Originally Published: February 27, 2005
For more on this film, including photos and a full synopsis, CLICK HERE »
Kevin Costner, whose previous baseball movies include Bull Durham, Field of Dreams and For Love of the Game plays a retired ballplayer in the comic drama, The Upside of Anger, which premiered recently at the Sundance Film Festival.
In a big turn-around for Costner, he plays a supporting role to the film’s central character, played by Joan Allen.
The actor known for such dramas as Dances With Wolves, JFK and The Untouchables is playing a good old goofball, with a dopey laugh and a chronic marijuana buzz and a long-neck beer bottle perpetually in hand.
Opening theatrically in March, The Upside of Anger stars Allen as a woman with four daughters who turns boozy and bitter after her husband pulls a vanishing act. Costner plays her laid-back neighbor, a former baseball star who becomes her drinking buddy and eventually tumbles into an uneasy relationship as her lover and referee for the woman’s spats with her daughters.
Mike Binder, who co-starred as a lecherous pal who produces a radio talk show hosted by Costner’s character, also wrote the screenplay for the film and Costner helped secure the financing.
One of Hollywood’s biggest box-office draws in the late 1980s and early ’90s with Field of Dreams, Dances With Wolves and Robin Hood: Prince of Thieves, Costner has had mixed results with his movies over the last 12 years.
Last summer’s Western Open Range, which Costner directed and starred in, and the golf romance Tin Cup were modest successes. But his acclaimed political drama Thirteen Days failed to find an audience, and he had flops with such movies as the supernatural thriller Dragonfly and the heist flick 3000 Miles to Graceland. “I think some of the movies haven’t lived up to what they should have been,” Costner has said. “When they’re not done for a lot of money, sometimes you get a clearer voice, one single voice, about what the movie’s to be about. And some of the movies for me that have not performed as well as I thought they could have, I think was because too many voices enter into them.”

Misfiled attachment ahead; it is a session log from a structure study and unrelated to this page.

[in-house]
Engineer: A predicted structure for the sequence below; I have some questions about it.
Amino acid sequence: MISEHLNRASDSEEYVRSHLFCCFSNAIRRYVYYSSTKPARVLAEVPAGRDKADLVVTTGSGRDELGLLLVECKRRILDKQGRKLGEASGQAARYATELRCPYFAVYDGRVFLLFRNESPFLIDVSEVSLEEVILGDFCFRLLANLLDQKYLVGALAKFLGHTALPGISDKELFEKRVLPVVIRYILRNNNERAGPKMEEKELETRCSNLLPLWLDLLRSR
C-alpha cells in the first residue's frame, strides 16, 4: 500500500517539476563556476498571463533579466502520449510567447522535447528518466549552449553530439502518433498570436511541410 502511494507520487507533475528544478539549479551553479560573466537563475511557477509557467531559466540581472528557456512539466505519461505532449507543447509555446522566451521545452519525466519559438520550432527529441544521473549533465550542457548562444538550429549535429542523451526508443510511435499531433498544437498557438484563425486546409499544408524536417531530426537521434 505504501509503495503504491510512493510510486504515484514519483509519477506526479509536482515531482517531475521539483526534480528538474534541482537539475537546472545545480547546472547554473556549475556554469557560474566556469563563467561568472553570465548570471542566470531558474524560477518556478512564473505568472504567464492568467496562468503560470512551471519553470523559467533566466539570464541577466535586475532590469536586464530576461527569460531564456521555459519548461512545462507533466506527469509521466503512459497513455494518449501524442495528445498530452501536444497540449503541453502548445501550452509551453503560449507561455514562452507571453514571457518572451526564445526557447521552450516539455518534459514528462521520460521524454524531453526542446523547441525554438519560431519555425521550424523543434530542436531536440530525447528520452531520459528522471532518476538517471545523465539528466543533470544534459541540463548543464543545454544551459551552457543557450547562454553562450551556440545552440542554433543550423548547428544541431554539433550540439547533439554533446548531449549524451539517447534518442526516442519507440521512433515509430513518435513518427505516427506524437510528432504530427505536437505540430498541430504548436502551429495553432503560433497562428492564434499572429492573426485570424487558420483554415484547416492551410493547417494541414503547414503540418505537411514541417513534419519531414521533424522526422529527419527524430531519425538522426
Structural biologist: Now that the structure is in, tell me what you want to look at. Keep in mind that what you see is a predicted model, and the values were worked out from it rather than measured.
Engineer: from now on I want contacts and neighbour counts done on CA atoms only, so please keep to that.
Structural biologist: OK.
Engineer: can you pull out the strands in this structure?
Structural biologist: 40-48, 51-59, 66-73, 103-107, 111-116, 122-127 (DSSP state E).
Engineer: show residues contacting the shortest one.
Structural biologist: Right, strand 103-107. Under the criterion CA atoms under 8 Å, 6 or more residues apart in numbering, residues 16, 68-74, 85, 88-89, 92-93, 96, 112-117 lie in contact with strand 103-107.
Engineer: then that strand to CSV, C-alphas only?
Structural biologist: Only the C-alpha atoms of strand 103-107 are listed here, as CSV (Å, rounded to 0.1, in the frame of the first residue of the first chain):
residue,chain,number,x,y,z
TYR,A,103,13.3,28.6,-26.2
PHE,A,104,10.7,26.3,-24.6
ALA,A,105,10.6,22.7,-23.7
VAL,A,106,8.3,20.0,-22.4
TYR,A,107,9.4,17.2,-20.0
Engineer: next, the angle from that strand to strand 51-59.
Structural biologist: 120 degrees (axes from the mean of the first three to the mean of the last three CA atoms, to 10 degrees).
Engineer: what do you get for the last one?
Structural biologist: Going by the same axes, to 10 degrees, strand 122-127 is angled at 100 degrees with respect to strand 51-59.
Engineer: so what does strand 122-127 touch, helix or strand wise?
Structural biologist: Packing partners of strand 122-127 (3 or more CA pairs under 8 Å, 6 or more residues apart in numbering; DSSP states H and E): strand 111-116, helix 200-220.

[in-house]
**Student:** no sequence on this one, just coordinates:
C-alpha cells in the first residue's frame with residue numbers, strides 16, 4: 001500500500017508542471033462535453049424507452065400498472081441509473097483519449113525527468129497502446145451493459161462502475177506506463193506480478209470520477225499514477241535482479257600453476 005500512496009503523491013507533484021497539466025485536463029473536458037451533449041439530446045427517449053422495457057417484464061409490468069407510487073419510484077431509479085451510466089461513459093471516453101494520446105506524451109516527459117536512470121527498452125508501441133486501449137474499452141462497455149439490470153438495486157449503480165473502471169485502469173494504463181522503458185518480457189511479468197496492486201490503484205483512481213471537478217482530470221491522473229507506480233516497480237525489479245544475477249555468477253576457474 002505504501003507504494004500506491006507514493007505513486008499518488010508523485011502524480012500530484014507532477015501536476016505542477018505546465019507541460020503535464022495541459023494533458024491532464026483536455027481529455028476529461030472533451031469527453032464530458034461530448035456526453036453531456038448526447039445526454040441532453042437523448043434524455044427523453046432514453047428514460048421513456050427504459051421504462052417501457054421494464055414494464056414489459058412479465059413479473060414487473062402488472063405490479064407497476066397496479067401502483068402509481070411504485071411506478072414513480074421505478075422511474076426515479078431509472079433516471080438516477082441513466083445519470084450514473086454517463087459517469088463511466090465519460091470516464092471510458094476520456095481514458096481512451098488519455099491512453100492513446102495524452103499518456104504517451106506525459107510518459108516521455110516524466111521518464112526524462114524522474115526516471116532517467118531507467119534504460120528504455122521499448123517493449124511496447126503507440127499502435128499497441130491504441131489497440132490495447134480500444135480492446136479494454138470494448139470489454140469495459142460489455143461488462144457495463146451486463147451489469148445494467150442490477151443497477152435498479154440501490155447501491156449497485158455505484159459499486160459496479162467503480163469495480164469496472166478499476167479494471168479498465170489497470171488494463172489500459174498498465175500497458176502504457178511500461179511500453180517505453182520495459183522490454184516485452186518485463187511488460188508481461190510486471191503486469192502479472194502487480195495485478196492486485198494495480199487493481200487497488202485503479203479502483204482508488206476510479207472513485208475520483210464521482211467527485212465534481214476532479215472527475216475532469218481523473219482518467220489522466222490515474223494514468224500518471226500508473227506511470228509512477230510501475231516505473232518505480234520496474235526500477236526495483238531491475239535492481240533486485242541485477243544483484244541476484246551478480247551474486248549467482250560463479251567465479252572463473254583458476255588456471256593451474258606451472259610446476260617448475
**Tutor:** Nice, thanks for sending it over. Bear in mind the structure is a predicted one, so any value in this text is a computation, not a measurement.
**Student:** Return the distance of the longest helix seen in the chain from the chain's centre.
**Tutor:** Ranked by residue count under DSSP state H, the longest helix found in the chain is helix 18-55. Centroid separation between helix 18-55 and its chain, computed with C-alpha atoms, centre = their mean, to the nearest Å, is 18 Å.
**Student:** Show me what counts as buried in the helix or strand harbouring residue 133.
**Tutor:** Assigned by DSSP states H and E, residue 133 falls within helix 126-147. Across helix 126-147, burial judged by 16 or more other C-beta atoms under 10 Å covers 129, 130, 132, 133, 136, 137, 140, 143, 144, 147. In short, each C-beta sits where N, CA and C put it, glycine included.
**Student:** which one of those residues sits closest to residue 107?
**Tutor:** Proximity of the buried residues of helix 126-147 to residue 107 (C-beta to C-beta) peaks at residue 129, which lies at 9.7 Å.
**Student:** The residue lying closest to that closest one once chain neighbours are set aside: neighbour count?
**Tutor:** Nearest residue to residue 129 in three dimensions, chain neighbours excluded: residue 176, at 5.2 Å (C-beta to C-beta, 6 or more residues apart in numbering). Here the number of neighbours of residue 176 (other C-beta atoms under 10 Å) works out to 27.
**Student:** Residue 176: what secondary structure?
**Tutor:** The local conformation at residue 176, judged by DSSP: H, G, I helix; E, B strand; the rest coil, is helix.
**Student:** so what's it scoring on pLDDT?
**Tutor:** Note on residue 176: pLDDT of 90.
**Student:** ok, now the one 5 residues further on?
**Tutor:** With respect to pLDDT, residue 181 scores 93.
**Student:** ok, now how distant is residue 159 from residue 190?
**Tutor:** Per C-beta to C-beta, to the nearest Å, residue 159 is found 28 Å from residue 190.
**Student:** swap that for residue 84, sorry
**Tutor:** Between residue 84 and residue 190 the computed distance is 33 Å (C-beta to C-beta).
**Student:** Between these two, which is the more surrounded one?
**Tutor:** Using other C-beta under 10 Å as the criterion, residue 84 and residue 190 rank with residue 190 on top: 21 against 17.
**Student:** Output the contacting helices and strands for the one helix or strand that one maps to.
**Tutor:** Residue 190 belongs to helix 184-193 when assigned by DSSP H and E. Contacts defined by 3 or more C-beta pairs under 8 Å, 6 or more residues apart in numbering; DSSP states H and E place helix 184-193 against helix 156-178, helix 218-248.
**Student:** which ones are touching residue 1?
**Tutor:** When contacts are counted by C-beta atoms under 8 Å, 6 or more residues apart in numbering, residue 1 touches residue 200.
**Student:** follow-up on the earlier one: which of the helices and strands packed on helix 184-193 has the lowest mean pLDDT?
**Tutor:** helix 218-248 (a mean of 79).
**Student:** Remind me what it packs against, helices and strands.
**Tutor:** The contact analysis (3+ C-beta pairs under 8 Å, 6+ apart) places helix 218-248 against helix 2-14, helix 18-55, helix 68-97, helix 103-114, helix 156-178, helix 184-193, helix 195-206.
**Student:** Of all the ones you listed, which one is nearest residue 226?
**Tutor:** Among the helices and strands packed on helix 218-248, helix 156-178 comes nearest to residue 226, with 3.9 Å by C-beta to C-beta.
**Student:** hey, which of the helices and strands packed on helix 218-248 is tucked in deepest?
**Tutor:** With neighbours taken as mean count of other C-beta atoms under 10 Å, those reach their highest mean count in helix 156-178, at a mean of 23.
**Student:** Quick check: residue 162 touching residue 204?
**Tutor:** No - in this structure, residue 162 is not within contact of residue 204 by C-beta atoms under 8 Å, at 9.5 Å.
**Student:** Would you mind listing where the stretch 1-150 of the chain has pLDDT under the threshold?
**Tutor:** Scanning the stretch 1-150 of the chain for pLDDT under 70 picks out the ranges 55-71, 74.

Costner said he feels no career pressure to deliver another breakout hit, saying his films have been profitable enough between theatrical and home-video revenues.
“I know what my movies do economically. I like everybody else understand what they do on opening weekend,” Costner said. “The economic life of my movies, I’m really comfortable with what happens to them when they go out there, and so are the studios.”
For more on this film, including photos and a full synopsis, CLICK HERE»